STAND TO!

Edition: Wed, February 27, 2008
Current Edition | FOCUS Submission Guidelines | Stand-To Fact Sheet | Printable Version

TODAY'S FOCUS

This is the second of an eight part series highlighting critical elements of the 2008 Army Posture Statement.

Challenges of providing forces with the right capabilities


The Army recruits, organizes, trains and equips Soldiers who operate as members of joint, interagency and multinational teams; provides logistics and other support to our joint and interagency partners; and supports civil authorities in times of national emergencies. For this, we are building an expeditionary and campaign-quality Army. Our expeditionary Army is capable of deploying rapidly and conducting operations in any operational environment, anywhere in the world, and sustaining operations as long as necessary.

Our current focus is on preparing forces and building readiness for counterinsurgency operations in Iraq and Afghanistan. Despite this current and critical mission, the Army also must be ready to provide the combatant commanders with the forces and capabilities they need for operations ranging from peace-time military engagement to major combat operations. Examples of Army capabilities and recent or ongoing operations other than combat include the following:

- Supporting the defense of South Korea, Japan, and many other friends, allies and partners
- Conducting peacekeeping operations in the Sinai Peninsula and the Balkans
- Conducting multi-national exercises that reflect our longstanding commitments to alliances
- Continuing engagements with foreign militaries to build partnerships and preserve coalitions by training and advising their military forces
- Participating in securing our borders and conducting operations to counter the flow of illegal drugs
- Supporting civil authorities in responding to domestic emergencies, including natural disasters and threats at home and abroad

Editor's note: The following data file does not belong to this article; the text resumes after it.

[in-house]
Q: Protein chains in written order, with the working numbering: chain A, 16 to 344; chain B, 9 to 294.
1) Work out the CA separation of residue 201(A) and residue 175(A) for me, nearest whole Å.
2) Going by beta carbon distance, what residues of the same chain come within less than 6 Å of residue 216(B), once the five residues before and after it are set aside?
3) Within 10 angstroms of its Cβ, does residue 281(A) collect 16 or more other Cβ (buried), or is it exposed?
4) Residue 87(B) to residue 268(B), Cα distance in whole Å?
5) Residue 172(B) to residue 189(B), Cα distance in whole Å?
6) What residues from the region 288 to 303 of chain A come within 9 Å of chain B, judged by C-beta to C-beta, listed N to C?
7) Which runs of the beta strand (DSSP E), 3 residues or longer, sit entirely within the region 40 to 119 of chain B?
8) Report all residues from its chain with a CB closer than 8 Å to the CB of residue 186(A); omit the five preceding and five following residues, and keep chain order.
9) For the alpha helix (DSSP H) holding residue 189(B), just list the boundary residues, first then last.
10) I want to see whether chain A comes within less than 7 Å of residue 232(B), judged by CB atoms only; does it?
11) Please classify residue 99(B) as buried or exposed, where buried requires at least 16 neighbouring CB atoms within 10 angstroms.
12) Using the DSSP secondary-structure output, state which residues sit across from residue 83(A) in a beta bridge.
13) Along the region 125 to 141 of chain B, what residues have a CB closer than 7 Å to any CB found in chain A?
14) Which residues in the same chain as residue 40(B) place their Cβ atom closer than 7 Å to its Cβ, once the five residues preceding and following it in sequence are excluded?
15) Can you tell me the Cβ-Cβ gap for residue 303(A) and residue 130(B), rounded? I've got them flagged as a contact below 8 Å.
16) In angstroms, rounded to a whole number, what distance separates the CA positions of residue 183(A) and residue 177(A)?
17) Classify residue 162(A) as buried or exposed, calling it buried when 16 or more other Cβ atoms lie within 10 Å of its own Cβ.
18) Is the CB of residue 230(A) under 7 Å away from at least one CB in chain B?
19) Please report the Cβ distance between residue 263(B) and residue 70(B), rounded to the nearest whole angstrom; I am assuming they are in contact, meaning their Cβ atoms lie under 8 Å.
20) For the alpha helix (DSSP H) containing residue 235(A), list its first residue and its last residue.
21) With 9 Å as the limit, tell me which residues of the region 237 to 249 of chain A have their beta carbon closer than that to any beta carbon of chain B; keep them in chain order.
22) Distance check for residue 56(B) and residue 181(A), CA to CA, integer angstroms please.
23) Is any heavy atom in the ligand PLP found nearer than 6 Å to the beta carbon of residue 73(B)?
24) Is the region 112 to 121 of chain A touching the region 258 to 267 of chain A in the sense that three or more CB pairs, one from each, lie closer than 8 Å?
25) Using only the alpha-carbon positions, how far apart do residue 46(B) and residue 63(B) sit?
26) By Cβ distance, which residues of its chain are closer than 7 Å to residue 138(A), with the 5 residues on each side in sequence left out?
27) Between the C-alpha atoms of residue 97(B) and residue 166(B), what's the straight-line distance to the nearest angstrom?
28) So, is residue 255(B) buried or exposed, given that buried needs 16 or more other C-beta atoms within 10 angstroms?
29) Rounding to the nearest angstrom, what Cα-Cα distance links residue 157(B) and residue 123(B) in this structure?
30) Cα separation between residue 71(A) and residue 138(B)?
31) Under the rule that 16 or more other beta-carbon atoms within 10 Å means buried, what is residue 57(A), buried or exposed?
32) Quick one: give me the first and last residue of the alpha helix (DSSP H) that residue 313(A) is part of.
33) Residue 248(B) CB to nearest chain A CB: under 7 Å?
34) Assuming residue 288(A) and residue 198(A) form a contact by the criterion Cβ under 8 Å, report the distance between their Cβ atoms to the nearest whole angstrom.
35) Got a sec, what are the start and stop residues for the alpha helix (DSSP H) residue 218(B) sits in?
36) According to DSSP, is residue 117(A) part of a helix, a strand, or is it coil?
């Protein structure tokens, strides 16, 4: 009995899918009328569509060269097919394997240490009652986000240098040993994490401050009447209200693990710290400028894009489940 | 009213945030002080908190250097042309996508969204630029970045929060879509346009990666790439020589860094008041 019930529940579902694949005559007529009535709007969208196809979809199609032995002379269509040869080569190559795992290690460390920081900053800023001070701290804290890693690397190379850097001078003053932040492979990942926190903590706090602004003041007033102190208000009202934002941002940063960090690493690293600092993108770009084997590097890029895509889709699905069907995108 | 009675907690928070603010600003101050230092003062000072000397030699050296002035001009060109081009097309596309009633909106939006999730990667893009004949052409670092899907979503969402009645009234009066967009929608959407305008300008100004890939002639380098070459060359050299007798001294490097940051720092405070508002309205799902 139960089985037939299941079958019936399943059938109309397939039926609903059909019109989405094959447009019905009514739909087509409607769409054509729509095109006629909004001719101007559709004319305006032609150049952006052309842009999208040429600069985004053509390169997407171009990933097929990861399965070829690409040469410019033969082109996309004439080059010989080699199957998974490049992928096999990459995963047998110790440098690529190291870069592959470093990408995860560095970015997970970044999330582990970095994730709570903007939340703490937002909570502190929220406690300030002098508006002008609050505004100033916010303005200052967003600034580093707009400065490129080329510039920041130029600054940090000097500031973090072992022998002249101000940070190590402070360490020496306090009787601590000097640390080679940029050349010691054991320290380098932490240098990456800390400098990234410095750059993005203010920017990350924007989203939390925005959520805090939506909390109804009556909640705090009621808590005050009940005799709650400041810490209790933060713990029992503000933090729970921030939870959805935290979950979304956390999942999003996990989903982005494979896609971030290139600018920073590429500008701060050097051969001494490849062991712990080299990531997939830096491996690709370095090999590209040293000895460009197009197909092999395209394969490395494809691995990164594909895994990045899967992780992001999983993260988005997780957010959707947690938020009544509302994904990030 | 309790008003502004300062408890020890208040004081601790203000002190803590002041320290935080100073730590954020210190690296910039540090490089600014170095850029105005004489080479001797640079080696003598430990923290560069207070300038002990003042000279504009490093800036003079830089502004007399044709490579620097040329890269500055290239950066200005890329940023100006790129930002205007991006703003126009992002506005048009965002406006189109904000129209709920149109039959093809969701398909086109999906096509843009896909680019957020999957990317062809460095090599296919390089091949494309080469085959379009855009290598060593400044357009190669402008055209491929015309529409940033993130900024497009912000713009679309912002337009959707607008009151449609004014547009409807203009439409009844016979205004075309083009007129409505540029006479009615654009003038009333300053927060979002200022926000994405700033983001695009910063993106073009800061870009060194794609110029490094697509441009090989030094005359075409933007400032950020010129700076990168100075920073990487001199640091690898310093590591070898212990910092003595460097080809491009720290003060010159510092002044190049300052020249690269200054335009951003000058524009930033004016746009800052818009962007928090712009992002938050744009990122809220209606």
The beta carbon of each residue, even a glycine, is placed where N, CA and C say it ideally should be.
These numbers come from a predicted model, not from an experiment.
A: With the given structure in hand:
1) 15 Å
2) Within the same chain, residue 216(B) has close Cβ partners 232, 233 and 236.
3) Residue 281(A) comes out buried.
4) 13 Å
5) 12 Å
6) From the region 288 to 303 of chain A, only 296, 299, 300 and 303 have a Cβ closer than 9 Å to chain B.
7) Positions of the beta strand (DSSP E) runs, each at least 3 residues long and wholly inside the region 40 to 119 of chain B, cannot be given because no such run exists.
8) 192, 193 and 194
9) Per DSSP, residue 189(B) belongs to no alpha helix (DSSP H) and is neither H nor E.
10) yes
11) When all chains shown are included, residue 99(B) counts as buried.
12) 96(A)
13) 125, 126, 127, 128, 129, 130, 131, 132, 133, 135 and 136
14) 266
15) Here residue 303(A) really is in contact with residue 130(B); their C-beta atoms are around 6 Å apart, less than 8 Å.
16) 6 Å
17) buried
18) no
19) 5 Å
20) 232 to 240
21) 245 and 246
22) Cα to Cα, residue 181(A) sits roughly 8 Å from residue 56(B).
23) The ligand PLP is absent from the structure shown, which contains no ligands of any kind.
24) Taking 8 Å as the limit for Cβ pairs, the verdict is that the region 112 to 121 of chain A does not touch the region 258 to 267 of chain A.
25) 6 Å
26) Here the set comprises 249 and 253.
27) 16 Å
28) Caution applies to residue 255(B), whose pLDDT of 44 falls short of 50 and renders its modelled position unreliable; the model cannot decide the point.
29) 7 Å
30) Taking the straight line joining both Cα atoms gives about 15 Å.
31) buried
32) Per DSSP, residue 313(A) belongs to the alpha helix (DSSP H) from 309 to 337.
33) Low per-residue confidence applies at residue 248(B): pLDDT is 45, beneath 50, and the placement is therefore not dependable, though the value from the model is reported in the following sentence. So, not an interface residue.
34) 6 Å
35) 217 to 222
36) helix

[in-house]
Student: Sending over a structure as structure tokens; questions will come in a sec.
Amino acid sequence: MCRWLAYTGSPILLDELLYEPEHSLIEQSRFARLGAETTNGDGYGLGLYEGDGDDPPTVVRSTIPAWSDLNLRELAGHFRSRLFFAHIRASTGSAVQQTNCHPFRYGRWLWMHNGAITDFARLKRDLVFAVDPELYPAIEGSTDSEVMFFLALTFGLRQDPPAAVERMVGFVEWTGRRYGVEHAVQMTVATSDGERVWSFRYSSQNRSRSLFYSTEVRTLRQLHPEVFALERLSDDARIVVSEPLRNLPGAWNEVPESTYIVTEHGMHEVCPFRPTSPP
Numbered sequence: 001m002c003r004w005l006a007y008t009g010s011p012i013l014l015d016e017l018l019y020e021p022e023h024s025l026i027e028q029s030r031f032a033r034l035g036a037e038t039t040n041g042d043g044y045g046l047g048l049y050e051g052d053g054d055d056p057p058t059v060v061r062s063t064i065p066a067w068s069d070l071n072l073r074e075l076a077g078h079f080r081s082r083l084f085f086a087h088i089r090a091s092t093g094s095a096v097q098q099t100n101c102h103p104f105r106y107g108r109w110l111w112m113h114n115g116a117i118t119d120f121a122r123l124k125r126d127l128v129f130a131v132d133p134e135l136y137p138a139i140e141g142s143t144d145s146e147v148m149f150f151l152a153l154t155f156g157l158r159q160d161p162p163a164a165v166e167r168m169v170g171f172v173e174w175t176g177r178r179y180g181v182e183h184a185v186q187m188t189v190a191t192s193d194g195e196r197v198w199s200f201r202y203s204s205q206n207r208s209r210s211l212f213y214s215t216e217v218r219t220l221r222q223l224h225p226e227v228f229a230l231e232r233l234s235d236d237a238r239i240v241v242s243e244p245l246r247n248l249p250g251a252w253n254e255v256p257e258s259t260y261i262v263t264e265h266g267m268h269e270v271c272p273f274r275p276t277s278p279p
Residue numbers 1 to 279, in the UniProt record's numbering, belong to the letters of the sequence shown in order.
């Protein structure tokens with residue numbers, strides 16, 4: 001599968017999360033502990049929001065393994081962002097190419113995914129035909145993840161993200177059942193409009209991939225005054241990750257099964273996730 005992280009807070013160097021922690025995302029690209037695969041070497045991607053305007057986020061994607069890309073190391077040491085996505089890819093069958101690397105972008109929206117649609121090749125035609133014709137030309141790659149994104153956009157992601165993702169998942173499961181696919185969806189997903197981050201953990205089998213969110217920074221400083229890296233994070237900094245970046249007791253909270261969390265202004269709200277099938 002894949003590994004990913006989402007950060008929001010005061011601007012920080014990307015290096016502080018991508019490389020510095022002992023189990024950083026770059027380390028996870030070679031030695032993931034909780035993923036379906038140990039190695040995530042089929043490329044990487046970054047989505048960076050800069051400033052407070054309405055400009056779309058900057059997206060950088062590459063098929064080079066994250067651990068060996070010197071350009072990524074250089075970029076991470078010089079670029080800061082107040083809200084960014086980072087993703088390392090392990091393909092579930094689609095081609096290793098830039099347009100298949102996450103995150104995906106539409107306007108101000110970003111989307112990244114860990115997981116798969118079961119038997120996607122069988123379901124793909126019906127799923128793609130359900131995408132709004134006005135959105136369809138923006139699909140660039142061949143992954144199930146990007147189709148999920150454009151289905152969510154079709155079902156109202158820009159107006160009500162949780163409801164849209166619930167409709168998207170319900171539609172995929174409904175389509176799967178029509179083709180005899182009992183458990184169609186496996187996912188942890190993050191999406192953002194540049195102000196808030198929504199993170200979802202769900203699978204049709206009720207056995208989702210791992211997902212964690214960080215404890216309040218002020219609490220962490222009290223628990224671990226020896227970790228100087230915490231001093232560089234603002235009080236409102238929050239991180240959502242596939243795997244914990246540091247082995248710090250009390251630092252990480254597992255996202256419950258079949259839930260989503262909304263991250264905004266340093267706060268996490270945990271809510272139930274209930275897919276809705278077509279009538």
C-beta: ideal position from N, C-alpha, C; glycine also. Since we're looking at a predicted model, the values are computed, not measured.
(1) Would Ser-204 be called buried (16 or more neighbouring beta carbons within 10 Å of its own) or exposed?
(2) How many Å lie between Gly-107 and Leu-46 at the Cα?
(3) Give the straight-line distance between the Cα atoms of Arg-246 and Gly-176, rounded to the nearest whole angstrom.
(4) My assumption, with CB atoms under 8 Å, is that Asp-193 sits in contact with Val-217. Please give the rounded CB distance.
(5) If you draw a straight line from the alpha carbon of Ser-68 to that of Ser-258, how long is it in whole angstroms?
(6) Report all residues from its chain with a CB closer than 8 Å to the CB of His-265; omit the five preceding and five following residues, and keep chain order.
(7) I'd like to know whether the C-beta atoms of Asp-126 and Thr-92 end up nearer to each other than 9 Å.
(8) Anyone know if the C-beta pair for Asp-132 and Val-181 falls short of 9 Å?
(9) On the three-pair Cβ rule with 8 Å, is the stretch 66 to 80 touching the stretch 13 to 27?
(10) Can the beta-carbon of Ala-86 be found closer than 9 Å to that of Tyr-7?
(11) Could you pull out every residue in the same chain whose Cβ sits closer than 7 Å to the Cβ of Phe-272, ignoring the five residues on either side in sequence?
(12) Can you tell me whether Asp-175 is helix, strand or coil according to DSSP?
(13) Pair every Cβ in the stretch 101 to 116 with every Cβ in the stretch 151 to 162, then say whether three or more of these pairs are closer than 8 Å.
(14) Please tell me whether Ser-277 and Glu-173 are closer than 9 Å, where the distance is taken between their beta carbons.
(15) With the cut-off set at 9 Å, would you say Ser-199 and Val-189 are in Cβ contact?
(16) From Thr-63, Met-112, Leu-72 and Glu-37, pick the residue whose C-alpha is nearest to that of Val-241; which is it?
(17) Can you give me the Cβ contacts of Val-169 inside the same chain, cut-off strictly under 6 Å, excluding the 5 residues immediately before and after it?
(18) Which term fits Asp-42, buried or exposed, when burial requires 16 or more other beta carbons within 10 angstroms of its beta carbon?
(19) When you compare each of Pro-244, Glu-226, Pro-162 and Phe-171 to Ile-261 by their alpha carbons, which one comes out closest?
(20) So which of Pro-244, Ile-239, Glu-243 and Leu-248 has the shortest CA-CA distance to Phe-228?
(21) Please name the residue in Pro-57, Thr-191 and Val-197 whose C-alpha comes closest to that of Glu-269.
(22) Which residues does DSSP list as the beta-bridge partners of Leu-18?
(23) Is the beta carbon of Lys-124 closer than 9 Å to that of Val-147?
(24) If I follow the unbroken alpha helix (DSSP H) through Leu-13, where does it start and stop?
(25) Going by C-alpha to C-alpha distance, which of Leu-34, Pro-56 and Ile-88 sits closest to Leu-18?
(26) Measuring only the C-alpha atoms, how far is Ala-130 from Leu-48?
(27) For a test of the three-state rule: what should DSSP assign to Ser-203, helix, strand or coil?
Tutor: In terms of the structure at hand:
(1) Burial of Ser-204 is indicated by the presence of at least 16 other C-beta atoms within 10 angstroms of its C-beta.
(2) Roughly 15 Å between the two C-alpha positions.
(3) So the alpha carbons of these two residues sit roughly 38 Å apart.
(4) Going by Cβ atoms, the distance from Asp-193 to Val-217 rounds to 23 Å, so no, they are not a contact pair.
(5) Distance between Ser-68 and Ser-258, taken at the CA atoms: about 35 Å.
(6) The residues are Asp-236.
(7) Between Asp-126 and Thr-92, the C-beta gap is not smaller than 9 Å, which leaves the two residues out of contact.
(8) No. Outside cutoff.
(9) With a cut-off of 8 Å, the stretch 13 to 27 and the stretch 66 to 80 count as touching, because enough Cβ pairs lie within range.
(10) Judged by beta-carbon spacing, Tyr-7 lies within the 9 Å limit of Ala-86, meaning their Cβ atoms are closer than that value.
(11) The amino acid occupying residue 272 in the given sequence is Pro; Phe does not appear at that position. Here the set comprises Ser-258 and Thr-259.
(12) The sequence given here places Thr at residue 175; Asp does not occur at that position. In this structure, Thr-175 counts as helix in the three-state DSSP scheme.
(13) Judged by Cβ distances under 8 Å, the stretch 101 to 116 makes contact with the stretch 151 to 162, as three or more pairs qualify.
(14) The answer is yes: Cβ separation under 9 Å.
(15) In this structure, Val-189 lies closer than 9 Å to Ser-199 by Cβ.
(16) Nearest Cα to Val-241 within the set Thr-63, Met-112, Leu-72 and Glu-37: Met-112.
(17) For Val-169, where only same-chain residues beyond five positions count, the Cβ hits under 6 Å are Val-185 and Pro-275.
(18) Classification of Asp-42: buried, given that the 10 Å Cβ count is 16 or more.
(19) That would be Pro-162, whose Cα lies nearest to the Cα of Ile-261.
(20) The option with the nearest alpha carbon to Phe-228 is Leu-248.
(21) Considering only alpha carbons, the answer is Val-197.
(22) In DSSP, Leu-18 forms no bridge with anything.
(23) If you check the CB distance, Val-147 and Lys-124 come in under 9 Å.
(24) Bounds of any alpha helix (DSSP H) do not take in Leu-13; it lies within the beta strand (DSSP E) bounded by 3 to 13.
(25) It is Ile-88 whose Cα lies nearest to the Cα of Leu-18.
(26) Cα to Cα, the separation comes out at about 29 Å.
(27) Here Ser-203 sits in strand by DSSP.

- Supporting interagency and multi-national partnerships with technical expertise, providing critical support after natural disasters, and promoting regional stability
- Supporting operations to protect against weapons of mass destruction and block their proliferation

We must ensure that units and Soldiers have the right capabilities to accomplish the operations that we will conduct in the 21st century. Continuous modernization is the key to enhancing our capabilities and maintaining a technological advantage over any enemy we face. We never want to send our Soldiers into a fair fight.

Future Combat Systems (FCS) are the core of our modernization effort and will provide our Soldiers an unparalleled understanding of their operational environment, increased precision and lethality, and enhanced survivability. These improved capabilities cannot be achieved by upgrading current vehicles and systems. FCS will use a combination of new manned and unmanned air and ground vehicles, connected by robust networks, to allow Soldiers to operate more effectively in the complex threat environments of the 21st century. FCS capabilities currently are being tested at Fort Bliss, Texas. They are proving themselves valuable in the current fight and are being fielded to our Soldiers in Iraq.

2008 Army Posture Statement (full version)

INFORMATION YOU CAN USE

- 2007 Strategic Communication Guide - Read the 2007 Army Strategic Communication Guide for key messages and updates

- Strategic Communication Coordination Group (SCCG) Workspace

- Army Public Affairs Portal

- Stories of Valor

CALENDAR

Conflict has always been a human endeavor; the human nature of 21st century conflict makes LAND POWER essential for victory. YOU are this nation's LAND POWER. Read your doctrine. FM 3-0. Coming Feb. 28.

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